In 1989, sociologist Arlie Hochschild published The Second Shift, a book about her long-term study of how a group of employees balanced their work and their family commitments. The title of the book referred to the employees putting in a shift of work at their workplace, and then going home to undertake another round of work in managing their households and their families. The book was hugely influential in many ways, not least of which was Hochschild’s finding that even when the employees had access to flexible work arrangements, such as compressed work schedules or flextime, they were reluctant to use them. Even if flexible work arrangements would have helped the employees better manage the demands of their two “shifts”, the employees – especially the male ones – thought their careers would be hurt if they were perceived as being less than committed to their jobs or to their employer.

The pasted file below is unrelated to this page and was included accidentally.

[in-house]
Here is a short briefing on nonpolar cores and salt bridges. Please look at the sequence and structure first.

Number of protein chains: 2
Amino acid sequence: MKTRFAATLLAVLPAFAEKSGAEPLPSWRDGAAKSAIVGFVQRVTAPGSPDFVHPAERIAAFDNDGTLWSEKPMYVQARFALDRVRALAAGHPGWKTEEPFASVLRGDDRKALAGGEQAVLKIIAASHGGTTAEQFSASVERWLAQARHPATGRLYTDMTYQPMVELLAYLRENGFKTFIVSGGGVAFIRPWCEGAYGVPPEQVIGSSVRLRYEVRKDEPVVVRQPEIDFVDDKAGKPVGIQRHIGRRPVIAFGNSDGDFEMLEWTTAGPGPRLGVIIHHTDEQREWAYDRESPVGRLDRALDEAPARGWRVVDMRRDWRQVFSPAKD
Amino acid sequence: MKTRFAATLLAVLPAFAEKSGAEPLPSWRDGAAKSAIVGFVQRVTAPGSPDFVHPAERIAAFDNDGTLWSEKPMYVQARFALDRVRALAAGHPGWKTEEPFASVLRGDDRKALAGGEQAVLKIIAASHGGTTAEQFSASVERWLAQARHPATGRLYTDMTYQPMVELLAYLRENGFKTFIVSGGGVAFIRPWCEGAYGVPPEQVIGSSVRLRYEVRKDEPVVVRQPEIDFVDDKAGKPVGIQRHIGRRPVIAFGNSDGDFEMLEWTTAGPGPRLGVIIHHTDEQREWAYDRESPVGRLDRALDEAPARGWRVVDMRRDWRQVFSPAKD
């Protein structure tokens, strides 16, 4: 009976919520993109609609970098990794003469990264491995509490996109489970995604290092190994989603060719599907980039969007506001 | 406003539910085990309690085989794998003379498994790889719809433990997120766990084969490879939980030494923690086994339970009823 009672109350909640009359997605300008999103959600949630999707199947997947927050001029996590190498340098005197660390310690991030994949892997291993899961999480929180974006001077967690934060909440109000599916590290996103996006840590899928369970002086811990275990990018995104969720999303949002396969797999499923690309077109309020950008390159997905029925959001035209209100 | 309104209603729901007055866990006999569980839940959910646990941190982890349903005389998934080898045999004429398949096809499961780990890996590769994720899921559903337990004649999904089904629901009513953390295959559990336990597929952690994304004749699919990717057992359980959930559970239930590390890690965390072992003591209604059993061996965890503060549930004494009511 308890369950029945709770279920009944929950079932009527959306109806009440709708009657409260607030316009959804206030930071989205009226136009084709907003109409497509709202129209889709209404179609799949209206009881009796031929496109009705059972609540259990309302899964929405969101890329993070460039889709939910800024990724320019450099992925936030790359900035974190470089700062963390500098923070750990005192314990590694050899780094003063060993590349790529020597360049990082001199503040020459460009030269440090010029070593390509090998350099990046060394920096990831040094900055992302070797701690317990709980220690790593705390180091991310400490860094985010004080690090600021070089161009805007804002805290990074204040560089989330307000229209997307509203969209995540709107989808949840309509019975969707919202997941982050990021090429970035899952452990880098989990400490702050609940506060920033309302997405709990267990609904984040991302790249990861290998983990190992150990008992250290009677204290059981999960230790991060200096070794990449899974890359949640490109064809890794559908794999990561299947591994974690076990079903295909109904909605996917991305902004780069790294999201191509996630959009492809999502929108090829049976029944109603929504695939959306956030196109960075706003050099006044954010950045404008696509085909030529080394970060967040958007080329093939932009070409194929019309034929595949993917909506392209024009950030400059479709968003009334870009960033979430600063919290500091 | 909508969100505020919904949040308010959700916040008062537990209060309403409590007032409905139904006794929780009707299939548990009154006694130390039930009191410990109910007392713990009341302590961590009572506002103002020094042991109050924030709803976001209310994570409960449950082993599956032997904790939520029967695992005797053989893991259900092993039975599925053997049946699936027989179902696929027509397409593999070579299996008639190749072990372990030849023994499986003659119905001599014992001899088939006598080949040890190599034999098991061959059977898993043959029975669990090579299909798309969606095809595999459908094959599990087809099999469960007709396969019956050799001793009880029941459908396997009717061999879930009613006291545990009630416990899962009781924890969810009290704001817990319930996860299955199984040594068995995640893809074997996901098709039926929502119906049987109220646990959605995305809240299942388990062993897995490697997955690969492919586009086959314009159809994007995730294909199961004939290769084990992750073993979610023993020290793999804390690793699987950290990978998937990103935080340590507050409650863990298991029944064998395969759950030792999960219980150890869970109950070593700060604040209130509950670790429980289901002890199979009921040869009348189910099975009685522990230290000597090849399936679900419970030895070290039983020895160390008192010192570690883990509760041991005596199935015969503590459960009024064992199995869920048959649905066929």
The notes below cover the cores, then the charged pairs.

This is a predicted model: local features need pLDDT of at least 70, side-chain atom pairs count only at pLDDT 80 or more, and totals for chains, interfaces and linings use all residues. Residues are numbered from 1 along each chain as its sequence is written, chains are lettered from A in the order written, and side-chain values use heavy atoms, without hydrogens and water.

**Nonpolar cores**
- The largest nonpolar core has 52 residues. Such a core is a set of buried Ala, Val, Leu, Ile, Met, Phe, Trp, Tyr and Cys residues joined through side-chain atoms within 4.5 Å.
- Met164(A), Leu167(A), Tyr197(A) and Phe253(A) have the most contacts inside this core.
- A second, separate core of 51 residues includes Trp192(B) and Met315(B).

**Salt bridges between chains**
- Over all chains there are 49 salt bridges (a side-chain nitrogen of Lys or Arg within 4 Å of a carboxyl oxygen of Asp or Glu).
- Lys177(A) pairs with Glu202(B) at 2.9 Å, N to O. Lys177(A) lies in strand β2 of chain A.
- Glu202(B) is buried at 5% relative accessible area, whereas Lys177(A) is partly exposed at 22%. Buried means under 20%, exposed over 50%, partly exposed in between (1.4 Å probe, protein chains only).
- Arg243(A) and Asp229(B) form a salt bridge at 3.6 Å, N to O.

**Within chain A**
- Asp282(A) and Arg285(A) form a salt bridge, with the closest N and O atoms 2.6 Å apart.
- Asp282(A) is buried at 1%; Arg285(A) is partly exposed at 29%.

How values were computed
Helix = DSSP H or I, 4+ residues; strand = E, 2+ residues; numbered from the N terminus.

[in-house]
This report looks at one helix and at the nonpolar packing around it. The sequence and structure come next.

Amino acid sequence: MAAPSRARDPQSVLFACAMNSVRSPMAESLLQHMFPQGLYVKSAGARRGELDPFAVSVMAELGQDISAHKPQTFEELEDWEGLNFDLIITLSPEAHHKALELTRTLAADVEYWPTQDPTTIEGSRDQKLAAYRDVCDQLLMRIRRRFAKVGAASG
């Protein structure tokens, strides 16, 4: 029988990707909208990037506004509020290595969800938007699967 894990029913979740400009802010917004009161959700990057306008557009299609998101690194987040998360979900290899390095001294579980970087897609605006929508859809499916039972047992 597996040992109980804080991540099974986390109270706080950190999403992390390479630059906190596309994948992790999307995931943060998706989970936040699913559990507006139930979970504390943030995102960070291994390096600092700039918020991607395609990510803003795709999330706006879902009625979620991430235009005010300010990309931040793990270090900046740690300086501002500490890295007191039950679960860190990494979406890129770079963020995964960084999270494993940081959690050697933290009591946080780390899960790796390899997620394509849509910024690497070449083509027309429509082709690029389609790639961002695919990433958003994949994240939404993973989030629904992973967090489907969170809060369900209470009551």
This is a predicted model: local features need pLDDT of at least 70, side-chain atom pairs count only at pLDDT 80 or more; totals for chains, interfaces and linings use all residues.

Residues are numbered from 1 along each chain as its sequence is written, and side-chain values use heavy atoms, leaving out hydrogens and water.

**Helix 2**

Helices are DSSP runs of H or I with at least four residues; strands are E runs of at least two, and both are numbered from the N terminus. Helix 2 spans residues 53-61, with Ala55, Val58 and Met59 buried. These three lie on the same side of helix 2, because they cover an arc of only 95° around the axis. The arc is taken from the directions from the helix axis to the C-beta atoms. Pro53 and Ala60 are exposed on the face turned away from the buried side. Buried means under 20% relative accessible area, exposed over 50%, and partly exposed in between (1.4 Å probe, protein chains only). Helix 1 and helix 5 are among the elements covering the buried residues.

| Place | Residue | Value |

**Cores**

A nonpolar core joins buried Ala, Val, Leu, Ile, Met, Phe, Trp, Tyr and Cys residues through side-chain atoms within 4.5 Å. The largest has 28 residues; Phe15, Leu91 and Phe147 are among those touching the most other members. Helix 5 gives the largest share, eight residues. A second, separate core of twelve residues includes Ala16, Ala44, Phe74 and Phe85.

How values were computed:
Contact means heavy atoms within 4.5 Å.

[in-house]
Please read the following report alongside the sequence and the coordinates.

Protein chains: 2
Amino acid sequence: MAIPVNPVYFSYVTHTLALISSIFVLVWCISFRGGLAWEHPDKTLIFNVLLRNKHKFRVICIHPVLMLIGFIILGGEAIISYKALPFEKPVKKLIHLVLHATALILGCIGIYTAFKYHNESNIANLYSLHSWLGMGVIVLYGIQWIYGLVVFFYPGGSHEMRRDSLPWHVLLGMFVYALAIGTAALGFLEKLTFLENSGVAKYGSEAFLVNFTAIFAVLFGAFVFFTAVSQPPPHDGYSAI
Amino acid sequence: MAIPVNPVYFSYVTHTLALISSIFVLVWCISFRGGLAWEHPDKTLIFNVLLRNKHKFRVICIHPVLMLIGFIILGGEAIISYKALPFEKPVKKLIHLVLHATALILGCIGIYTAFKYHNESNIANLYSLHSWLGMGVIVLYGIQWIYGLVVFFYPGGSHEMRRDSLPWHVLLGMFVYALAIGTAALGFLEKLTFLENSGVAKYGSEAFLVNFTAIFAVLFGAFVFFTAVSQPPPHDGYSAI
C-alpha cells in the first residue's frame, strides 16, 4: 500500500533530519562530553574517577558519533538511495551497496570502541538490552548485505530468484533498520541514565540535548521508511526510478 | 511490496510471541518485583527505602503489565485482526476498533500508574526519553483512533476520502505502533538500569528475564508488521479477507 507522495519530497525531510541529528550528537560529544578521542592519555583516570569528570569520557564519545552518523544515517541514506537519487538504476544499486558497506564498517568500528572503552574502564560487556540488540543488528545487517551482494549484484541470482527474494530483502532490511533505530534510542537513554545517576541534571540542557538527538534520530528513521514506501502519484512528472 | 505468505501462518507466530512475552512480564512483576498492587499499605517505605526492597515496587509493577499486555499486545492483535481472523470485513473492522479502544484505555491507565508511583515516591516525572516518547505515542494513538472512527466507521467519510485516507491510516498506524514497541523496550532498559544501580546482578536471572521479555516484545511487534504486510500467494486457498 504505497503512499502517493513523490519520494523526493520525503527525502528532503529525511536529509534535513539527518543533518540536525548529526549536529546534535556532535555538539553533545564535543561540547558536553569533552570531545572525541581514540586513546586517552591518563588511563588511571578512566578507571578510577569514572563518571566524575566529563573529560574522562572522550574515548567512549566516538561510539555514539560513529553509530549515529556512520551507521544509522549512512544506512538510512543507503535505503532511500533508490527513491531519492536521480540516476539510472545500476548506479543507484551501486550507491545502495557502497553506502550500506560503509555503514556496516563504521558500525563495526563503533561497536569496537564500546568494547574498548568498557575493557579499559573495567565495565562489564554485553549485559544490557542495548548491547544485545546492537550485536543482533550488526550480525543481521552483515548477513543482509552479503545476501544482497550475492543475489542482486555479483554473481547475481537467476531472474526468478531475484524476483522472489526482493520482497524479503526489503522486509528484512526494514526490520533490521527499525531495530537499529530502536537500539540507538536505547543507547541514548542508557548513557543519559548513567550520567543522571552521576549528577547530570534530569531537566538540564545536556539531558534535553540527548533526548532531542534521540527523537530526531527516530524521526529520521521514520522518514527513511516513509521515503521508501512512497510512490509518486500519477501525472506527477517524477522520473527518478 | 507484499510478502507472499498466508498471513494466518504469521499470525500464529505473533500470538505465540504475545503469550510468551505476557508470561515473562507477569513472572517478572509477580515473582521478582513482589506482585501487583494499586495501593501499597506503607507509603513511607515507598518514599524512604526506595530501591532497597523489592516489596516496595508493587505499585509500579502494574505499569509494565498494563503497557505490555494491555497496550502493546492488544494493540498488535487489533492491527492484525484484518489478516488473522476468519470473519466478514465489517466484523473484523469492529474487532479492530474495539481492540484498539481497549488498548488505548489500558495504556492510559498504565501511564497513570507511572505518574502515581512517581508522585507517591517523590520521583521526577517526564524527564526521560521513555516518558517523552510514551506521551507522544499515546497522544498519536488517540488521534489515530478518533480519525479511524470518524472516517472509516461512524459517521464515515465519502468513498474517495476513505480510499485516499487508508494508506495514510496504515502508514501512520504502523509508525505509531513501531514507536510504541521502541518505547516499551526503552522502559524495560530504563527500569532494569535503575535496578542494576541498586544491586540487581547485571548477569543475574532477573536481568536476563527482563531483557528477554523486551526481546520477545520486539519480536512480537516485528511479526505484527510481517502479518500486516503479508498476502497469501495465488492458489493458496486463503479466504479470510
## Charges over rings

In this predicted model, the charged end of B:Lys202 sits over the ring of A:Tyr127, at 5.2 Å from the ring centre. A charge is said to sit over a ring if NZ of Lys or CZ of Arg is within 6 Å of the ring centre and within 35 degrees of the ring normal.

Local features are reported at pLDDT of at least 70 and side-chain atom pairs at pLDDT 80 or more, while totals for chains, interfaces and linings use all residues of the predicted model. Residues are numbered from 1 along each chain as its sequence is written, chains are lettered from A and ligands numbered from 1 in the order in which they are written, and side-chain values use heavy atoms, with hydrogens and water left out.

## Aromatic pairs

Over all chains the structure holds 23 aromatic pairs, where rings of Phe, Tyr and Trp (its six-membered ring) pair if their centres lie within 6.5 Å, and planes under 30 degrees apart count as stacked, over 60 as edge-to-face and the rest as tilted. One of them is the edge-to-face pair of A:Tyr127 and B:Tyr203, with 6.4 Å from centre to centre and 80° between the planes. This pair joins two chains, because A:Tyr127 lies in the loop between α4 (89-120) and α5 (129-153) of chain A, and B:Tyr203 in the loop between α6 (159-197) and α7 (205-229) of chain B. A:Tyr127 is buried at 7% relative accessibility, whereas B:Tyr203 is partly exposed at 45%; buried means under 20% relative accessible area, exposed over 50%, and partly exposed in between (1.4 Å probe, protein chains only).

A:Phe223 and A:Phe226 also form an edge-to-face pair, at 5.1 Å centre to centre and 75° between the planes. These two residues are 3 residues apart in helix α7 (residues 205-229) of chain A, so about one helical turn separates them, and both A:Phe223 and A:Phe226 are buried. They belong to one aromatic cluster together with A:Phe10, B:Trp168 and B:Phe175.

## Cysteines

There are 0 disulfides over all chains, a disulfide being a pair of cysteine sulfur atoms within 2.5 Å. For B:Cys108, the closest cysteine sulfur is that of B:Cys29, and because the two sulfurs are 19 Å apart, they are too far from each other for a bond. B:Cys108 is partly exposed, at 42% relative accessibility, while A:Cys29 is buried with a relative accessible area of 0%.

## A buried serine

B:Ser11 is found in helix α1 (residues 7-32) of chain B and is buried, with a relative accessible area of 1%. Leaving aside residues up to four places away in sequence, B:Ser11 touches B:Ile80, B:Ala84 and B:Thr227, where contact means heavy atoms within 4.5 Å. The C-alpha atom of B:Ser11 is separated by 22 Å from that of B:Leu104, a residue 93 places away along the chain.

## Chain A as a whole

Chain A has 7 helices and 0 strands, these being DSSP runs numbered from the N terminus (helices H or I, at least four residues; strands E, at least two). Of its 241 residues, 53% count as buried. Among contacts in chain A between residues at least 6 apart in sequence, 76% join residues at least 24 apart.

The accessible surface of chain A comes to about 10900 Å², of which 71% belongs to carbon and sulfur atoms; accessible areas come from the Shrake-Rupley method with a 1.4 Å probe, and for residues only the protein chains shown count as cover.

But that was 1989. Things are different now. Or are they?
Anyone who’s spent any time studying or participating in progressive organizations knows that, ironically, sometimes these organizations treat their own employees worse than the organizations they campaign against (as so brilliantly pointed out by this cartoon).
I thought about this paradox when I heard about the campaign asking five hosts of MSNBC television shows to (more…)